A tech startup formed through the 8150 High Altitude Entrepreneurs networking group was The Dropp, a free new app that connects local customers with limited-time, limited-quantity promotions.
Founder Kevin Bohren has seen the ins and outs of the tech industry over the last few decades. He started working at Compaq in Texas in the 1980s and bought a house in Vail in the ’90s. By the late ’90s, Bohren was involved in the early days of DVR business, commuting back and forth from the Silicon Valley to Eagle County every other week.
What he’s seeing these days would have blown his mind a few years ago.
“In the old days, everybody had to be in a big room,” he said. “At Compaq, we had a software building, we had a hardware building, and you came together for meetings that were four hours of excruciating pain.”
These days, the hardware and software buildings are location-neutral.
“I don’t even know where our stuff is hosted right now — I just see a charge every month on my American Express saying how much capacity and horsepower we’re using,” Bohren said. “Five years ago, you had to go buy servers, you had to go buy switches, you had to go buy routers, dedicated data base servers, all that.”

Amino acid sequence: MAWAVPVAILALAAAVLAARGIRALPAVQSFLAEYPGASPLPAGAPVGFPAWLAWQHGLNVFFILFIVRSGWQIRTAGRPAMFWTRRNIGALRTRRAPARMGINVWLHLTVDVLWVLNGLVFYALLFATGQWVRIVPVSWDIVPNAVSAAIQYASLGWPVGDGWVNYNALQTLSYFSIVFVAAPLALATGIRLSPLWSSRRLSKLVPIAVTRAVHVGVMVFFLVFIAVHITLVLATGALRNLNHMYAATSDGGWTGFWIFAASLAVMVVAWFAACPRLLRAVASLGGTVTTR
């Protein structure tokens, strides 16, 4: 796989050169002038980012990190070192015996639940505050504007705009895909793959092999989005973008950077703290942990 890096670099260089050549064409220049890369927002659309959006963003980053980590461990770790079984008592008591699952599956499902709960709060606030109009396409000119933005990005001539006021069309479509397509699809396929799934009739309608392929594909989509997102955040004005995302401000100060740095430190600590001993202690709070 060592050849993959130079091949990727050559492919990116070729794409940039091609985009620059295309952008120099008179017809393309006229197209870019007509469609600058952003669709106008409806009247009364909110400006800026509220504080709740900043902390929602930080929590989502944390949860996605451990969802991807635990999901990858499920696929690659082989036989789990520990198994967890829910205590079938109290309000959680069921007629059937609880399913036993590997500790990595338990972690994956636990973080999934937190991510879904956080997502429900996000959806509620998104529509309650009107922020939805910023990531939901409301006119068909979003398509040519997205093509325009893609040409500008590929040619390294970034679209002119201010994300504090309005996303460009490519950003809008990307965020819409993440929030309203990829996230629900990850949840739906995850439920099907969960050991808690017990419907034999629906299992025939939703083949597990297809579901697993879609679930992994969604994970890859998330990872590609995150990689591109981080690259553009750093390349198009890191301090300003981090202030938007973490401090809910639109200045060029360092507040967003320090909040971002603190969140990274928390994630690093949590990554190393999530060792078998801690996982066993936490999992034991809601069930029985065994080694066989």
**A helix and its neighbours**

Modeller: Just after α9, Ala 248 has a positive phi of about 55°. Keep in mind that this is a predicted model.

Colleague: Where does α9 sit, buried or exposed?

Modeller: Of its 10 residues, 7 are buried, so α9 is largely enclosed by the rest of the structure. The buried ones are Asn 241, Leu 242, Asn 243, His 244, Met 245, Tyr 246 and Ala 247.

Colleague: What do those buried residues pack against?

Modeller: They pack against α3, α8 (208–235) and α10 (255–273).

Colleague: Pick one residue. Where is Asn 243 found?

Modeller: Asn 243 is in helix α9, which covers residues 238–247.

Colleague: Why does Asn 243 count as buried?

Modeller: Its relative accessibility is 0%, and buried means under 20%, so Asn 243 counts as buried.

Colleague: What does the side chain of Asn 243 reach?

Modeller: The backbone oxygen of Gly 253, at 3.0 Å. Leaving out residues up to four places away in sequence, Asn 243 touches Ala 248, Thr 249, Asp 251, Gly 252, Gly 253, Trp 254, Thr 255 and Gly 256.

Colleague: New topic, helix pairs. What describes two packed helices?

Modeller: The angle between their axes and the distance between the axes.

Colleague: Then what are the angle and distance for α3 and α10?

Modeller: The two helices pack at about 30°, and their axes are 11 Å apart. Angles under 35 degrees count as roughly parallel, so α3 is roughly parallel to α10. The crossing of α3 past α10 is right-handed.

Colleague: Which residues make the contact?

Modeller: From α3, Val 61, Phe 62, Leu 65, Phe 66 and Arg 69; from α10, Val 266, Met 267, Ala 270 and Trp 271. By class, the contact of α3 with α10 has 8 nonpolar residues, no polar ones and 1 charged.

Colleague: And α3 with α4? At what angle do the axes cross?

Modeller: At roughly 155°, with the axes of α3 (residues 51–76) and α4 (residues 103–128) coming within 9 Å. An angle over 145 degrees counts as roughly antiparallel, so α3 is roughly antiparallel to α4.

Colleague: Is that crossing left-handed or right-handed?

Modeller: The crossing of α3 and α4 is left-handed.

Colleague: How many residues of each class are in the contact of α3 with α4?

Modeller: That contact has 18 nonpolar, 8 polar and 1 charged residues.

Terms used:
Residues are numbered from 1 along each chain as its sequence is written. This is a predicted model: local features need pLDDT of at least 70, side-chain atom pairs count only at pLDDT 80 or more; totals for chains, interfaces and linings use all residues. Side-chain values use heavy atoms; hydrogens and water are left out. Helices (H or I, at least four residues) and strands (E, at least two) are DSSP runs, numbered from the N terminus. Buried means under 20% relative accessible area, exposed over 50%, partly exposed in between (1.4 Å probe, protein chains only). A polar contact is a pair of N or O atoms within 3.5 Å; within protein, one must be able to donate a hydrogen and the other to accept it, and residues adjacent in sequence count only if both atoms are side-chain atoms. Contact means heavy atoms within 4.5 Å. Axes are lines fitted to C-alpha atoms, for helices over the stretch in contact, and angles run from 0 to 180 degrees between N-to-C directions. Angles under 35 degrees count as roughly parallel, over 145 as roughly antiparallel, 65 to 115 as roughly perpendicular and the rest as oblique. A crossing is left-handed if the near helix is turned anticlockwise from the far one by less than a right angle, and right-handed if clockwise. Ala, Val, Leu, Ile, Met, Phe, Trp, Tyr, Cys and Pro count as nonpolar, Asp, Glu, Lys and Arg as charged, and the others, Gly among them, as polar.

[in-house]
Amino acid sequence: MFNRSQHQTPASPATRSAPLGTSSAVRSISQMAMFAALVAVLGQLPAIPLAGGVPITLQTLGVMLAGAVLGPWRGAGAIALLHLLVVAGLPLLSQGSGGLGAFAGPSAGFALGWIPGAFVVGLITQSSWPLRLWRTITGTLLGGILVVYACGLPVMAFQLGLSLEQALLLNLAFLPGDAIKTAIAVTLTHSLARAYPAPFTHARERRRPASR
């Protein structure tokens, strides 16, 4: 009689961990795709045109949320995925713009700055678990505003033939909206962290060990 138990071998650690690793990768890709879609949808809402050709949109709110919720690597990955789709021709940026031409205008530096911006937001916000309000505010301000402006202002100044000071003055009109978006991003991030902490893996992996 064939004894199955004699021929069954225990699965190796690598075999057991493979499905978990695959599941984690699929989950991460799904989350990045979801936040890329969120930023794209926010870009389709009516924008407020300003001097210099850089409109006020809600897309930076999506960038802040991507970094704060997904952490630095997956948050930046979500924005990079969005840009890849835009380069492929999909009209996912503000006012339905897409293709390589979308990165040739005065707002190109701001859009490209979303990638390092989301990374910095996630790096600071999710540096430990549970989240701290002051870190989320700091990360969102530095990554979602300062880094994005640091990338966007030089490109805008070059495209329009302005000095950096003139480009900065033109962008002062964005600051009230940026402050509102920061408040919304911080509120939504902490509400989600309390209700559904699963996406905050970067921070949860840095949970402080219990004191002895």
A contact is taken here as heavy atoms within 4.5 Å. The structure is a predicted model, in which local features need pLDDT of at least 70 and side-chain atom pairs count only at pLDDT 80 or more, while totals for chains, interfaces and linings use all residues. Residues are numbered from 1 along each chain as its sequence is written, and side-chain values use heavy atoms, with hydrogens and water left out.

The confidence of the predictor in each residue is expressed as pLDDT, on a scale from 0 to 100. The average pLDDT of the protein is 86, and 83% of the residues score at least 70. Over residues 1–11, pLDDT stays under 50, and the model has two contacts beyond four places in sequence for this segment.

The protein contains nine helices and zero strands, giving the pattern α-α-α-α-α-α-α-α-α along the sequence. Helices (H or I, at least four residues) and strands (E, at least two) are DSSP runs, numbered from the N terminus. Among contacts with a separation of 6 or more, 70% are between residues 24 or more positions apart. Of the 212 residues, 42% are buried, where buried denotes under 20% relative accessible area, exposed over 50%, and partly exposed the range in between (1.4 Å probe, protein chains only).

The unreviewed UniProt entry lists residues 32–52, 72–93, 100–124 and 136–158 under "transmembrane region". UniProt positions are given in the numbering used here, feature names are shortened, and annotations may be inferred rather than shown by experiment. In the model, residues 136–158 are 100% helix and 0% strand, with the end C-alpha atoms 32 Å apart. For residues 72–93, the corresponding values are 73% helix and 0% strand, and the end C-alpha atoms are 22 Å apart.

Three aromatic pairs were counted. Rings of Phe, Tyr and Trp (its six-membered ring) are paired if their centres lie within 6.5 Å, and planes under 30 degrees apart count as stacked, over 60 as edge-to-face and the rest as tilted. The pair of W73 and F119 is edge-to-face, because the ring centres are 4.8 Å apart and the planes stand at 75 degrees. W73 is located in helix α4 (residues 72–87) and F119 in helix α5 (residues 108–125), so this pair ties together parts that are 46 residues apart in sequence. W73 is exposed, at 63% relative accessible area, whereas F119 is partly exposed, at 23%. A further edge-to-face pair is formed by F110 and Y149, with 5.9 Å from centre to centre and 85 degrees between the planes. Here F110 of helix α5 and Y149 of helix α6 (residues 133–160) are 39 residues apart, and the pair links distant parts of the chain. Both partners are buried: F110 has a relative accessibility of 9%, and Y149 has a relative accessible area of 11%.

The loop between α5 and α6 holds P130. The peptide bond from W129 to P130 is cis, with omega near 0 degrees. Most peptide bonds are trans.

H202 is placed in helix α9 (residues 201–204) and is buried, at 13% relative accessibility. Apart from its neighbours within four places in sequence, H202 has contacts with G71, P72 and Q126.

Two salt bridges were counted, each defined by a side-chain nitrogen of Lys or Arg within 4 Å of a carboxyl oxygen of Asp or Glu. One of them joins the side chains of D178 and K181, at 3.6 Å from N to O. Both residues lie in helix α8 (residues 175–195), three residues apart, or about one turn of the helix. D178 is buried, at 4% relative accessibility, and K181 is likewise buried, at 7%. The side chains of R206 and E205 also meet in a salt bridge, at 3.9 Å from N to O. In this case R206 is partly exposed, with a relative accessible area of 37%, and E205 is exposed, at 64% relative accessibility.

The Dropp’s software development team is based out of Argentina.
“We talk to them every day — it’s kind of mind boggling,” he said. “It wouldn’t have worked five years ago, or even three years ago. That makes it much more feasible, much more economical. It has been refreshing to know that it really doesn’t matter where your software team is located, as long as they’re hitting schedules and giving you prototypes.”
Locally, the talent Bohren needed to make The Dropp successful was in the field of digital marketing.